Upton Park Stadium Fine Art - West Ham United Football Club
The Boleyn Ground, often referred to as Upton Park, was a football stadium located in Upton Park, east London. It was the home of West Ham United from 1904 until 2016.
The stadium was also briefly used by Charlton Athletic in the early 1990s during their years of financial difficulty.
The seating capacity of the ground at closure was 35,016.
From the 2016–17 season, West Ham United have played their home matches at the London Stadium in nearby Stratford. The last first-class match played at the Boleyn Ground was on 10 May 2016, a 3–2 West Ham United win in the Premier League against Manchester United.
The stadium was demolished in 2016 to make way for a new development.
© Sports Stadia Art Ltd
Loftus Road Stadium 'Going to the Match' Fine Art - Queens Park Rangers Football Club
Loftus Road is an all-seater football stadium in White City, London, which is home to Queens Park Rangers. On 7 June 2019, the club gifted the naming rights to the stadium to The Kiyan Prince Foundation, a charity set up in honour of former QPR youth player Kiyan Prince, resulting in the stadium becoming known as the Kiyan Prince Foundation Stadium.
In 1981, it became the first stadium in British professional football to have an artificial pitch of Omniturf installed. This remained in use until 1988, after which a natural grass pitch was reintroduced.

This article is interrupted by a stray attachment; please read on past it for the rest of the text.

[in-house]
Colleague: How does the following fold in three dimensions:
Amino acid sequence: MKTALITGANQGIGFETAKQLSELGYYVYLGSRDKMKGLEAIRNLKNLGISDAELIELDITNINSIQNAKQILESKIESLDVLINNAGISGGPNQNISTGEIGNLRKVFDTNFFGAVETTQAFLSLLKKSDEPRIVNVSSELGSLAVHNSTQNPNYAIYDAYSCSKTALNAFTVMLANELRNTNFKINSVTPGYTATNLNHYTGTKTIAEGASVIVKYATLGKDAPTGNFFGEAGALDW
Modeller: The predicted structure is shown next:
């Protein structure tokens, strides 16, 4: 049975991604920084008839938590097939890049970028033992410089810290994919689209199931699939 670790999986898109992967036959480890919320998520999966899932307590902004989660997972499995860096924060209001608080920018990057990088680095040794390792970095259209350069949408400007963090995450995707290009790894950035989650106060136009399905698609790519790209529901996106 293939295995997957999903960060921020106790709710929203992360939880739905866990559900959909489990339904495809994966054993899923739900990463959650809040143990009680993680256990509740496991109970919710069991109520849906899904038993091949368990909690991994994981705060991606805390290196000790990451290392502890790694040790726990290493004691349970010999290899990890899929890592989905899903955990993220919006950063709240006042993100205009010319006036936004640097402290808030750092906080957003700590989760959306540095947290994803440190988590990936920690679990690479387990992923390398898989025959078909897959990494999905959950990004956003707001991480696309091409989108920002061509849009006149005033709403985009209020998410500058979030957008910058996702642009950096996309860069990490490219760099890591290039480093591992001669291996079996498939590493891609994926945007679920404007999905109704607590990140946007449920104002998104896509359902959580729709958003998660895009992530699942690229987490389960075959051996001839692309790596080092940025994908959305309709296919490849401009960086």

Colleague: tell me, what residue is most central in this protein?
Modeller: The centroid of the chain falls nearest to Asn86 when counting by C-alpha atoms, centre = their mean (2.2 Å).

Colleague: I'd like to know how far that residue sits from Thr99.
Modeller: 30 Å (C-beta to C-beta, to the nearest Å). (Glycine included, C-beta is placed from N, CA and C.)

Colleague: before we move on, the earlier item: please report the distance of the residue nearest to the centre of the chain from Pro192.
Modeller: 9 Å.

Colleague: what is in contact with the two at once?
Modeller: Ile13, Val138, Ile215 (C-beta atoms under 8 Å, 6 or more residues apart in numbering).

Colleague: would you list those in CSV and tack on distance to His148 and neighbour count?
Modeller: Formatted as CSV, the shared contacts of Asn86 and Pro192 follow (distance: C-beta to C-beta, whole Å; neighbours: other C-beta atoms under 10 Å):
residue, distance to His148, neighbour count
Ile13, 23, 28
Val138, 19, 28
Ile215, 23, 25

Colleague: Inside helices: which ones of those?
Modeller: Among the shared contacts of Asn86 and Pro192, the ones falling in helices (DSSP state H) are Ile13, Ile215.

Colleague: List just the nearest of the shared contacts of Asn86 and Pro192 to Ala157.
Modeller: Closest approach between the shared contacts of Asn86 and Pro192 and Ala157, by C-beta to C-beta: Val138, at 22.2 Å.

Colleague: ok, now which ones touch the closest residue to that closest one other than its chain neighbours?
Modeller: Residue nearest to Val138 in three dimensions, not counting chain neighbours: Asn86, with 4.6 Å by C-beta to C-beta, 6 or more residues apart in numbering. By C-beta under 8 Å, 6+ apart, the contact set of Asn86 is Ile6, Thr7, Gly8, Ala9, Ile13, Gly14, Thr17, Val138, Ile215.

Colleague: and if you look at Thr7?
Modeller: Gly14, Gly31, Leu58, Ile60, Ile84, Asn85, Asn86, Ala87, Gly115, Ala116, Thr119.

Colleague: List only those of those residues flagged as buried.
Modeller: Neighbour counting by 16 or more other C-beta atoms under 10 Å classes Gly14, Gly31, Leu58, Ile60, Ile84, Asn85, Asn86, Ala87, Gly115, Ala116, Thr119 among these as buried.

Rugby union team London Wasps shared the ground with QPR between 1996 and 2002 and Premier League football club Fulham shared it from 2002 to 2004 while Craven Cottage was closed for reconstruction. Other users of the stadium have included the Jamaican and Australian national football teams. In 1985, Barry McGuigan defeated Eusebio Pedroza for the World Boxing Association featherweight championship at the stadium.
© SPORTS STADIA ART LTD
Ministry of Defence Main Building, Whitehall, London
Ministry of Defence, Main Building, Whitehall, London.
This building is home to the Ministry of Defence and this particular view is from Horseguards Avenue where it meets the Embankment. It was completed in the 50's after the original plans had be laid down in 1909. It is made from Portland Stone and the architect was Mr E Vincent Harris, who won a national competition to design a new building for occupation by a number of Government departments.
© Crown copyright